Last week I was participating at the Python and ML Summit in Berlin. One of the most interesting lectures, on which I participated, was a workshop by, named “Reading all yourself was yesterday – How to turn large amounts of text into insights with machine learning”. It explored analysis of large datasets and I have decided to write a basic article on how to use Pandas and NumPy.

These two libraries have the following main features:

**pandas**- data analysis, derived from “
**pan**el**da**ta” - provides DataFrame
- somehow close to a spreadsheet

- data analysis, derived from “
**numpy**- numeric functions for python
- mainly for calculation purposes
- has its own tricks with arrays

The examples below are available on a Jupyter notebook here.

So, let’s start with the pandas. We may decide to compare the number of articles at vitoshacademy.com and codedaily.vitoshacademy.com. This is how the initial sample data looks like:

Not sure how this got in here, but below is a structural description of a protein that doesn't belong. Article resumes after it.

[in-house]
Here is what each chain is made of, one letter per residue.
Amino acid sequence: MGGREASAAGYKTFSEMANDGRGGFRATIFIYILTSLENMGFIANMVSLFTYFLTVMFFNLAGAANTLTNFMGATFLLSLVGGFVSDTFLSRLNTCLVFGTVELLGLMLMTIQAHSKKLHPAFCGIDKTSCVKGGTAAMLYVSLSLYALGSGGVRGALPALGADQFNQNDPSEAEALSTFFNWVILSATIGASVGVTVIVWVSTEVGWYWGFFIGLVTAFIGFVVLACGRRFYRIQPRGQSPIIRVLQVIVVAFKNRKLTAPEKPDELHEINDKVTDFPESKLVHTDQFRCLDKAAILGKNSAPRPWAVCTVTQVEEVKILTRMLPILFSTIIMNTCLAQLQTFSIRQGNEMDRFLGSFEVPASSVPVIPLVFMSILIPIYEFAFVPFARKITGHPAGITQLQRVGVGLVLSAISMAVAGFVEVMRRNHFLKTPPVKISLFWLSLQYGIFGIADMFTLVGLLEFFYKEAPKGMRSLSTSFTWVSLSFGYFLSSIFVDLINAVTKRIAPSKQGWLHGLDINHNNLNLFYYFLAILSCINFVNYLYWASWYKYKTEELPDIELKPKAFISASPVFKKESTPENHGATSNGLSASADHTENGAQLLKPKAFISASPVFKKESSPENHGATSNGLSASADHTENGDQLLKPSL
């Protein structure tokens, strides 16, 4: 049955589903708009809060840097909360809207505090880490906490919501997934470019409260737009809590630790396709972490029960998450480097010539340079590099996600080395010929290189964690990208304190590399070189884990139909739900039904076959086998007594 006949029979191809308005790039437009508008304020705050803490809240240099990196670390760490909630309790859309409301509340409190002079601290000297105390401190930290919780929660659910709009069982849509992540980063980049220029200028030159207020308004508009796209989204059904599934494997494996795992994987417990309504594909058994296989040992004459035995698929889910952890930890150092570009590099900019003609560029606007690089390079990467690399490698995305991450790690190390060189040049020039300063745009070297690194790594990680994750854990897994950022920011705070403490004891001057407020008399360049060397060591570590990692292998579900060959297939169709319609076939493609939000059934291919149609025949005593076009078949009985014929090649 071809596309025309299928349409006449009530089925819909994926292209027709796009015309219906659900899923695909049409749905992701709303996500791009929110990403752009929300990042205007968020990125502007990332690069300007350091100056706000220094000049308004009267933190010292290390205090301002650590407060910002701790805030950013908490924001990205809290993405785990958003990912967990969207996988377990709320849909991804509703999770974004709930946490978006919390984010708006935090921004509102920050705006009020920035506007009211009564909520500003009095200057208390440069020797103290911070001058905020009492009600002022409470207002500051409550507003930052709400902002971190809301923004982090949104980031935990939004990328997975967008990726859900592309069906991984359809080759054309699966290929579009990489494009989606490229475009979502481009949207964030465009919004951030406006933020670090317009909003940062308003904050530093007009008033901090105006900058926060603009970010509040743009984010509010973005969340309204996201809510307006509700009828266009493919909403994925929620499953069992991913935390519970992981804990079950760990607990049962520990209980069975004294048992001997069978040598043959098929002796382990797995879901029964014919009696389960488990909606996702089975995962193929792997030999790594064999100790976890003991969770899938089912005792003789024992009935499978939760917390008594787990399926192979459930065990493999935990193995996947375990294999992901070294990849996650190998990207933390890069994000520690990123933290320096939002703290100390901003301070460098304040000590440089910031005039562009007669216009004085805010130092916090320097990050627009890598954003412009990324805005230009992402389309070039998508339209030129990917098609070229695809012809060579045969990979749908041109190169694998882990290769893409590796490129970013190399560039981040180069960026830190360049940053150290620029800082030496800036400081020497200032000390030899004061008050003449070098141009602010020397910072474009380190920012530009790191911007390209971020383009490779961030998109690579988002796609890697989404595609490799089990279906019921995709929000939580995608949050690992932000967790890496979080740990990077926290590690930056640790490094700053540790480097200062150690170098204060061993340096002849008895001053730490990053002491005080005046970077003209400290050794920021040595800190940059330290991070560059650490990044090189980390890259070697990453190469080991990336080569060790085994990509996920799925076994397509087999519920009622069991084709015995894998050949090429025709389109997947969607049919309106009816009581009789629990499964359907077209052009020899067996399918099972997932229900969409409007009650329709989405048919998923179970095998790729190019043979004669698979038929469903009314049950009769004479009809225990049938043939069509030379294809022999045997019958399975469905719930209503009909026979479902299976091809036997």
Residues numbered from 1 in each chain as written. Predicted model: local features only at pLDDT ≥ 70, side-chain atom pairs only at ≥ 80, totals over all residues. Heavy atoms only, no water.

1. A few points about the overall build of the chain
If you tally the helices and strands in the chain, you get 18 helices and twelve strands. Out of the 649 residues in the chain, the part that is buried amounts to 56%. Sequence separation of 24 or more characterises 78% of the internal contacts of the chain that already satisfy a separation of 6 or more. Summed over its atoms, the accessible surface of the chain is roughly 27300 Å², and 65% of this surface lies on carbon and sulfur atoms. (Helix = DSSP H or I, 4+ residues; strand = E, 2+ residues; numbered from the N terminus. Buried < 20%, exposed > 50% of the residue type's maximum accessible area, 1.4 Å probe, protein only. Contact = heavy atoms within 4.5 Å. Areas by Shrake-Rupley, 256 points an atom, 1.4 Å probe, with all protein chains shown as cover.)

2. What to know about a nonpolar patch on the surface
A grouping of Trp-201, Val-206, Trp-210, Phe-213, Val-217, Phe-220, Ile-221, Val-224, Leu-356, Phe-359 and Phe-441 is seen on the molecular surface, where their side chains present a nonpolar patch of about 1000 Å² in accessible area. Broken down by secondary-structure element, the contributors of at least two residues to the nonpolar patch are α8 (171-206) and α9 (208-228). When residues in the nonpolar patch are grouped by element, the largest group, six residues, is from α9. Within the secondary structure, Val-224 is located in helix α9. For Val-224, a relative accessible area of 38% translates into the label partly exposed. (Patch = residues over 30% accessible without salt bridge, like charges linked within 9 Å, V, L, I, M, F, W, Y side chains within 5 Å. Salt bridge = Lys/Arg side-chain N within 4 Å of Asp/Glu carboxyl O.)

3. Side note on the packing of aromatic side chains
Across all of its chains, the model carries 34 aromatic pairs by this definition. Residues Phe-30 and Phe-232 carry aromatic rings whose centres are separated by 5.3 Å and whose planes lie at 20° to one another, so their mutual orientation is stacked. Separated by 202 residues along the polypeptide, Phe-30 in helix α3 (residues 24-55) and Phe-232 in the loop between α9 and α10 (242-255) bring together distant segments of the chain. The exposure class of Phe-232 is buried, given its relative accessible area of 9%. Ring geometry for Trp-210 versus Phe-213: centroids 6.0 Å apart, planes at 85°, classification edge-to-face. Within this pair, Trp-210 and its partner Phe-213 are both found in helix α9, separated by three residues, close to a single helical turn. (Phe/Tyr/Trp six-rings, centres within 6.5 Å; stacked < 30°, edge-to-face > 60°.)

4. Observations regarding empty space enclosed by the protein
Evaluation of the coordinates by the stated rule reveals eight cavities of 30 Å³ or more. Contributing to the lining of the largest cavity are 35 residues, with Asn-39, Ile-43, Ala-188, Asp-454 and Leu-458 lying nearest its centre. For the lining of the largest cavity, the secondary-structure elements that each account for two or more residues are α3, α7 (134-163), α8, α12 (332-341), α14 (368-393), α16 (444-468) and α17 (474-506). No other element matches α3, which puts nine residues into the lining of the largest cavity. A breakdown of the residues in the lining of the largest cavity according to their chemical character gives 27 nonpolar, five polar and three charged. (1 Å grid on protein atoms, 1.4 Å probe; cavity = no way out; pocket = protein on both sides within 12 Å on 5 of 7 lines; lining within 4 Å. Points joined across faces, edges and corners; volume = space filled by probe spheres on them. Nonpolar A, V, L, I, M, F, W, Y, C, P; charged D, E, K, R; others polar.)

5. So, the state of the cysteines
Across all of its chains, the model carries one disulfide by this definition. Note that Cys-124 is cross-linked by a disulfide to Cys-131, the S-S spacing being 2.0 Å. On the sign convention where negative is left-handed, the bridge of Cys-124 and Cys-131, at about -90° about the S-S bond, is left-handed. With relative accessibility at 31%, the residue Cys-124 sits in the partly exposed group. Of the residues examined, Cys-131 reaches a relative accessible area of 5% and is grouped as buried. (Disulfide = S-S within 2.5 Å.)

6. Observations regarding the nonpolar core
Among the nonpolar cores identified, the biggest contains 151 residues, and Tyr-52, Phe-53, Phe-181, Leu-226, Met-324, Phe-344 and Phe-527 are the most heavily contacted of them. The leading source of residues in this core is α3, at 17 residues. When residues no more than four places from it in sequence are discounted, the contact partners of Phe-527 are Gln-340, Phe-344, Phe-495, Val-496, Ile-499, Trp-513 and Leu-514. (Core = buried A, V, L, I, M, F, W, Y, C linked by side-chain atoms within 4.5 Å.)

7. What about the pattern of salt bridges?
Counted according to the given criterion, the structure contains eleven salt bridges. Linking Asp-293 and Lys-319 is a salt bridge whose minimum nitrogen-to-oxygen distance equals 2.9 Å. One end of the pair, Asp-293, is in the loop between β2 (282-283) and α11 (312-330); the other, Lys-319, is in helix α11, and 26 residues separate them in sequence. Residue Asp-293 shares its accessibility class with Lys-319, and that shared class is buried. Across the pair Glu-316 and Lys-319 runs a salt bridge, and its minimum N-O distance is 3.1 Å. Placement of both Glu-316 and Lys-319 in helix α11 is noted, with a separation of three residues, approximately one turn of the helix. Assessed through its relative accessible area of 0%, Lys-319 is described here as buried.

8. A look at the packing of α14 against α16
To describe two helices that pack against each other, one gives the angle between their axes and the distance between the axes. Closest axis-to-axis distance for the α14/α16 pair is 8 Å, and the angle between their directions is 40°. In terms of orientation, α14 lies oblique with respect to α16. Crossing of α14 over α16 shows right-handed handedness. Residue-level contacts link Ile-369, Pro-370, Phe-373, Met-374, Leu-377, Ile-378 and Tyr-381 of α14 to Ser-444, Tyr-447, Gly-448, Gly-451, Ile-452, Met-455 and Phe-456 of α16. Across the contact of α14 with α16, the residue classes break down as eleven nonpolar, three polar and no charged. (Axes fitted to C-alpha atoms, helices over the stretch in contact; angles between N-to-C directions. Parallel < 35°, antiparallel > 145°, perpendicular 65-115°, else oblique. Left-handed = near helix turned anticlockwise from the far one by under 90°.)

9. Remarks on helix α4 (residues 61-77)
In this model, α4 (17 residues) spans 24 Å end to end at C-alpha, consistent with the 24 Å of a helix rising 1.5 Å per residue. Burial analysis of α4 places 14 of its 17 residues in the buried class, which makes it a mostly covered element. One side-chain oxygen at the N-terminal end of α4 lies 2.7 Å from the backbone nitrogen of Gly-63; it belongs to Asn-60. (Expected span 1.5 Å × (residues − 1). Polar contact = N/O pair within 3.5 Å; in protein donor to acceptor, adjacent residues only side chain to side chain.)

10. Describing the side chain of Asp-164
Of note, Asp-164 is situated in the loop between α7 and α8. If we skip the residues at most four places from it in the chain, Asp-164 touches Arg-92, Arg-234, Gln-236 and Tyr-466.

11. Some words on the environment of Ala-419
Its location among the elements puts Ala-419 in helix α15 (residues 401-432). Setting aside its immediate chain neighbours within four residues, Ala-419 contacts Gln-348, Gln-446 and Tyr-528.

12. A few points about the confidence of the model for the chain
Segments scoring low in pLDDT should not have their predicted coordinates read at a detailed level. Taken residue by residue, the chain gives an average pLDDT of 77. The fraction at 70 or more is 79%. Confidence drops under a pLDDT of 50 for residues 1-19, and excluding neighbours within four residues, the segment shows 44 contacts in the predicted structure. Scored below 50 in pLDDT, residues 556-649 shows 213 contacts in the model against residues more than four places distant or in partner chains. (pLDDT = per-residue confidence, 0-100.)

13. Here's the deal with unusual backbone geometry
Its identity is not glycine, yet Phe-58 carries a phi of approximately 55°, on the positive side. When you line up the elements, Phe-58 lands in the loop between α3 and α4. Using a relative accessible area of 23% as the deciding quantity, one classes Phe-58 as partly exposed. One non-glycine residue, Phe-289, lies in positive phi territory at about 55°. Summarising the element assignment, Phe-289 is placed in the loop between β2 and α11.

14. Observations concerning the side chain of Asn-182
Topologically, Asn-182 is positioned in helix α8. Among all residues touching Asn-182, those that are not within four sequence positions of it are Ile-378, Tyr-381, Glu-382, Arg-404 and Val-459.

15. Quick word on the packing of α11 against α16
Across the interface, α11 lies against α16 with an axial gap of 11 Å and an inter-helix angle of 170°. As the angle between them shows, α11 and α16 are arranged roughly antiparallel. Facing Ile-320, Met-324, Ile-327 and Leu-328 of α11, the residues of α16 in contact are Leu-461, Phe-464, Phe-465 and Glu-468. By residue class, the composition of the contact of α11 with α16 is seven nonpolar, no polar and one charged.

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import numpy as np import pandas as pd data = { 'vitoshacademy.com': [0, 0, 2, 1], 'codedaily.vitoshacademy.com': [2, 6, 3, 1] } |

Then, once the articles are Dataframed, they look like this:

Which becomes even better, if the indices are added. In our case, these are the week numbers:

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data_with_index = pd.DataFrame(data, index = ['wk33', 'wk34', 'wk35', 'wk36']) data_with_index |

The indices are of course accessible through a .index command – data_with_index.index. And if we use data_with_index.to_numpy then an array with list of lists shows up:

There are other nice 1-line commands, that can help us get the best out of our data. E.g. it could be

- described():

- mean-ed():

- analyzed with cumulative sum – e.g. 2,8,11,12 is the cumulative sum of codedaily, because 2+6=8; 8+3=11; 11+1=12:

- with some lambda expression, the difference between max and min is easily taken:

## pandas.DataFrame.to_excel

Writing data from the dataframe to Excel and reading is really 1 liner:

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data_with_index.to_excel('myExcel.xlsx', sheet_name='Pandas') pd.read_excel('myExcel.xlsx', 'Pandas', index_col=None, na_values=['NA']) |

Indeed, pandas is a game changer even there – pandas.DataFrame.to_excel.html. As mentioned, all examples are available on a Jupyter notebook here.

Cheers!